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While digging through my office / hiding place looking for something else the other day, I happened upon a yellow notepad with a bunch of random notes in it from various trips and activities.  Buried about ten pages in was a list of “Rejected annual training mottos” from our unit AT in 2012.

Oh, the memories brought back by this list.  The memories.  The rage.  The hate.

Background for normal people

AT is the proverbial “two weeks in the summer” for the U.S. military reserve components.  Because of the nature of our unit, we usually do “individual AT,” which is to say NCOES or language training or an overseas exercise or something, because we don’t really have a coherent unit mission.  In 2009, our battalion did a unit AT, the first in its two decades of existence so far as I could tell.  The first week was a pretty miserable garrison experience, but for the second week our company went into the field in Yakistan (on paper known as the Yakima Training Center) and it actually turned into a fun and useful exercise (very much to my surprise and counter to all of my predictions).

The thought then was: why don’t we do this again, only we’ll just ditch battalion from the get-go and do a company exercise?  So we briefed at the battalion planning drill for the following training year (2011), and so we planned.  We’d do a week at Fort Lewis, doing driver training and combat lifesaver and weapons qualification, but then we’d do a week in the field, improving on the training events of the previous iteration while dropping the battalion staff updates and pointless meetings that take leaders away from troops.

Reality intervenes

Fast forward a year.  I escaped the Readiness NCO job, the worst experience of my life, and the company commander (CO), first sergeant (1SG), and executive officer (XO) all rotated.  A new batch of leadership was in place, and they had inherited our beautiful plan, in which they had no faith or interest. Loudly bemoaning the fact that they were stuck with this plan and it couldn’t be avoided (which was patently untrue), the commander gave over training planning to the XO, who outsourced it to an outside group who specialized in pre-deployment training (which this was not).  The plan was now to spend all of our time at Lewis because “no one really wanted to go to the field anyway.”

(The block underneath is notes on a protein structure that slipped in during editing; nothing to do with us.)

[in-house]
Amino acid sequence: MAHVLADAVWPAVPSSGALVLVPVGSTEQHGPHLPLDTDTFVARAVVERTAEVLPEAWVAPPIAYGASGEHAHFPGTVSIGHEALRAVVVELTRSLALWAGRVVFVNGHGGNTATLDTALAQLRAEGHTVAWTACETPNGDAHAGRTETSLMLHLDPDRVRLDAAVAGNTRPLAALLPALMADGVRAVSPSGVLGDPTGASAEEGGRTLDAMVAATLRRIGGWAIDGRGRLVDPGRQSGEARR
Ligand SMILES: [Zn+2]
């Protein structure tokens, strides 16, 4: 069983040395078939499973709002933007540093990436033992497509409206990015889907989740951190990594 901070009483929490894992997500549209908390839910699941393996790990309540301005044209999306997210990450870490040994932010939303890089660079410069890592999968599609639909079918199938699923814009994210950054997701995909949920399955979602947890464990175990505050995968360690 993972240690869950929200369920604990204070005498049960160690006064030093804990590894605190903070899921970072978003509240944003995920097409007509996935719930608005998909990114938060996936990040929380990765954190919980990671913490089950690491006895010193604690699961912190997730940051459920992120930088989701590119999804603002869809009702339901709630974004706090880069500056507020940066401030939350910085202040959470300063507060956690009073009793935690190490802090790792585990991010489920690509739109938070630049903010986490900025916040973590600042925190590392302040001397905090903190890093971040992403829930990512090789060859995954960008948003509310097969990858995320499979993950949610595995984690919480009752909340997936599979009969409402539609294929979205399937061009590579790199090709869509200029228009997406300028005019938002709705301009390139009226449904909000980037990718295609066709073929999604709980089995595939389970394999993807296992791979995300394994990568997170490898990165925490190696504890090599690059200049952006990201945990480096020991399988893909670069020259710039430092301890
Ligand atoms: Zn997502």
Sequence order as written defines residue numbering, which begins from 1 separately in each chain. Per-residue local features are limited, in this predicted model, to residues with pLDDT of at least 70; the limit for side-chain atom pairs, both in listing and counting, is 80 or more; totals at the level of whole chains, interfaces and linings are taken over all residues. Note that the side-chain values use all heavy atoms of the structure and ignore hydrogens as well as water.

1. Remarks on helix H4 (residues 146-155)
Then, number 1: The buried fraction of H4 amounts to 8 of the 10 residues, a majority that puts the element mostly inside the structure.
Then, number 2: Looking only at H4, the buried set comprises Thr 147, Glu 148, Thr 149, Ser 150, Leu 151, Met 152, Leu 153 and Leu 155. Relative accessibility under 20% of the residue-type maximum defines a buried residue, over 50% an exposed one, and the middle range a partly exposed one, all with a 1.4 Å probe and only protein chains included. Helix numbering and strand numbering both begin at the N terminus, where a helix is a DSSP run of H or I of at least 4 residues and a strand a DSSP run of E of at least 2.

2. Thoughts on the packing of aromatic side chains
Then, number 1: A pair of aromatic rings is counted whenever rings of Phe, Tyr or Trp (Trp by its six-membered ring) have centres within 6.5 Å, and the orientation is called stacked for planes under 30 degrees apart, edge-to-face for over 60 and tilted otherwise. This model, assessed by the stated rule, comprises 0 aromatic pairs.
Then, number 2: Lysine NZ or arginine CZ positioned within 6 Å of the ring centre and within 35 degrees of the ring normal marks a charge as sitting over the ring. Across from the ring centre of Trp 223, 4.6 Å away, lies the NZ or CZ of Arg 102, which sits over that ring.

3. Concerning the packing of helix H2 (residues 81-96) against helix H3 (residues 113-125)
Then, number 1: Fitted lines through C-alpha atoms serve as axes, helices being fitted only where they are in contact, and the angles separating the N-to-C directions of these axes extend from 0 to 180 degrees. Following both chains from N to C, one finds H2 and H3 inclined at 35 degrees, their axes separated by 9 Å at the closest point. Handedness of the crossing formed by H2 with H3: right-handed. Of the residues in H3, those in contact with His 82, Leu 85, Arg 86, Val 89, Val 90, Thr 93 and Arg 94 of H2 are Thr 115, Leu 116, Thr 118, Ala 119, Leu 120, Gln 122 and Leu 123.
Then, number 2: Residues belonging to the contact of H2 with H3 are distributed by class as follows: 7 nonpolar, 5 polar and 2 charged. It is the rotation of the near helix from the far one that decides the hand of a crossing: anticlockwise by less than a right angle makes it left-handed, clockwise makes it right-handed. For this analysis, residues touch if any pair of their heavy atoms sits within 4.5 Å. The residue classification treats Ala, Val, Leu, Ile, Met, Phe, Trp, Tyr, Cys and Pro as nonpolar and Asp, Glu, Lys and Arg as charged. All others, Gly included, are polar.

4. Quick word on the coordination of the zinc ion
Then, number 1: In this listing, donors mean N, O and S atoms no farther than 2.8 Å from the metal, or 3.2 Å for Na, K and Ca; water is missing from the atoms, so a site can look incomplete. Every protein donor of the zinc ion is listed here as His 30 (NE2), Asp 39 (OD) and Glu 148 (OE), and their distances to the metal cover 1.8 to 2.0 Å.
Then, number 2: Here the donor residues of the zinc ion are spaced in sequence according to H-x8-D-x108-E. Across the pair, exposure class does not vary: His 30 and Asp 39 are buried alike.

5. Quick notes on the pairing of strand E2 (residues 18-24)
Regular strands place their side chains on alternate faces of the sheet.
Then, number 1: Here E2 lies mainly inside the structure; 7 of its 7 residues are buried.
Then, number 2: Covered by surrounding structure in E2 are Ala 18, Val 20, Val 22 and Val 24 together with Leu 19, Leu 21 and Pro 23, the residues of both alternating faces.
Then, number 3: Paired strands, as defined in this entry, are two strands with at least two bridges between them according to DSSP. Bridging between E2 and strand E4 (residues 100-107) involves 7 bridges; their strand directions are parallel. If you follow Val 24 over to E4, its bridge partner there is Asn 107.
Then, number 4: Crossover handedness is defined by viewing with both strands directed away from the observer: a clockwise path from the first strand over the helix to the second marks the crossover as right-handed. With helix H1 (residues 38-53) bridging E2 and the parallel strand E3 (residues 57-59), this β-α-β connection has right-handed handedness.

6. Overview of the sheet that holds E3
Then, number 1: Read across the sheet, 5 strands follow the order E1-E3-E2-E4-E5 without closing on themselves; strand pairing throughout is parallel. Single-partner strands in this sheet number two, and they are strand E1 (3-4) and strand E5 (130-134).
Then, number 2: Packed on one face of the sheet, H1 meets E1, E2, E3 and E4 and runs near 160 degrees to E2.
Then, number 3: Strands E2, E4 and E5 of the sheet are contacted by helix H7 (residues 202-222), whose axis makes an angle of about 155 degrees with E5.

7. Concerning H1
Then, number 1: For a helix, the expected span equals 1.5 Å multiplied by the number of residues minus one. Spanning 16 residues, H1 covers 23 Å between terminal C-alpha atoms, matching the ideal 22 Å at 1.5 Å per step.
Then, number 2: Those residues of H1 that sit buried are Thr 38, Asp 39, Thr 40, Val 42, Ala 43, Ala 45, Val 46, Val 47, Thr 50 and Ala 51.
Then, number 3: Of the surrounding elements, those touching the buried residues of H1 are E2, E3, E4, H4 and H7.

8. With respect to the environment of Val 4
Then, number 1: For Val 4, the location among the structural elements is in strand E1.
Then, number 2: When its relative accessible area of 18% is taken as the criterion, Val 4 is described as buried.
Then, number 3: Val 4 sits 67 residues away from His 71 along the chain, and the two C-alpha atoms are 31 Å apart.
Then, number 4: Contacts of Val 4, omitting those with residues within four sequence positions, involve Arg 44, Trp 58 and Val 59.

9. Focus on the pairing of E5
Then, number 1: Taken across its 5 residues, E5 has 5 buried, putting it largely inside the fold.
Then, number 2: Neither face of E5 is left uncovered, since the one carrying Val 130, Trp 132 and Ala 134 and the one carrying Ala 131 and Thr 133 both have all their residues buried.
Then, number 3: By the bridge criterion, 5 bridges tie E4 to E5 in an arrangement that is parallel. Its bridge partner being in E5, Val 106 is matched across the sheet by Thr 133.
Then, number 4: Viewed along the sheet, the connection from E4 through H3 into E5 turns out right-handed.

The outsiders dropped the ball.  The training we’d asked for was not what we received; this has happened every time we’ve ever dealt with them in the near decade I’ve been with this unit.  What we got was a random collection of training on tasks that we should never be called to do, and which are extremely unlikely to ever occur.  There was a great deal of waiting around, and too many students for not enough classes.

Speaking of ‘not enough classes’…

On day 1 (a Friday) while we were trying to unFUBAR this thing, the XO came to me and asked if I could teach my report writing class this weekend.  “This weekend as in tomorrow, sir?”  He nodded guiltily.  “No.  No I cannot.”  I stared at him blankly, trying to understand what could compel him to think that kind of change could be thrown into the mix of what was already turning into a grand charlie foxtrot.

He moved away.  Something in my head clicked. “Wait… what report writing class?”

Apparently, a four-hour class had been “on the schedule” for months, but no one had actually brought it up to the E6 who was supposed to provide it.  Consequently, this class did not actually, as of day 1, exist.  I spent the first week not getting training, but writing it.  This takes a lot of time to do well.  I could have done it slipshod more quickly, but I wanted something to go right during the two weeks.

Lessons learned: none.

I consider the AT that year to be an epic failure. We missed an opportunity when we had everyone together to do collective embrace-the-suck field training, and instead squandered it on the kind of blah, routine classroom stuff we could do during regular drill weekends. The commander never missed a chance to blame the previous command team for putting it on the schedule (as though this was what we’d intended), which was a repeated slap in the face.

I think about this frequently now, since, as one of her last acts before leaving as our CO, she put another collective unit AT on the calendar for Summer 2014.  And once again, we’re handing planning over to the same group that screwed it up last time.  We don’t learn.

So that this experience wasn’t a total waste, here are the rejected mottos from annual training 2012 in no particular order.  I started writing these down around day five, and had several fine contributions from other NCOs, whom I unfortunately neglected to credit in my notes.

  • Let’s See What Happens
  • Planning: I do not think it means what you think it means
  • Redefining “Well-Planned”
  • Hope is a Strategy
  • The Quest for Training
  • Train to Time, Not to Standard
  • AT: It’s Fragotacular!
  • Fifteen Days We’ll Never Get Back
  • Let’s Never Do This Again
  • Taking the Blame Game to a Whole New Level
  • Suck it up
  • This is Not How It’s Supposed to Be
  • Insha’Allah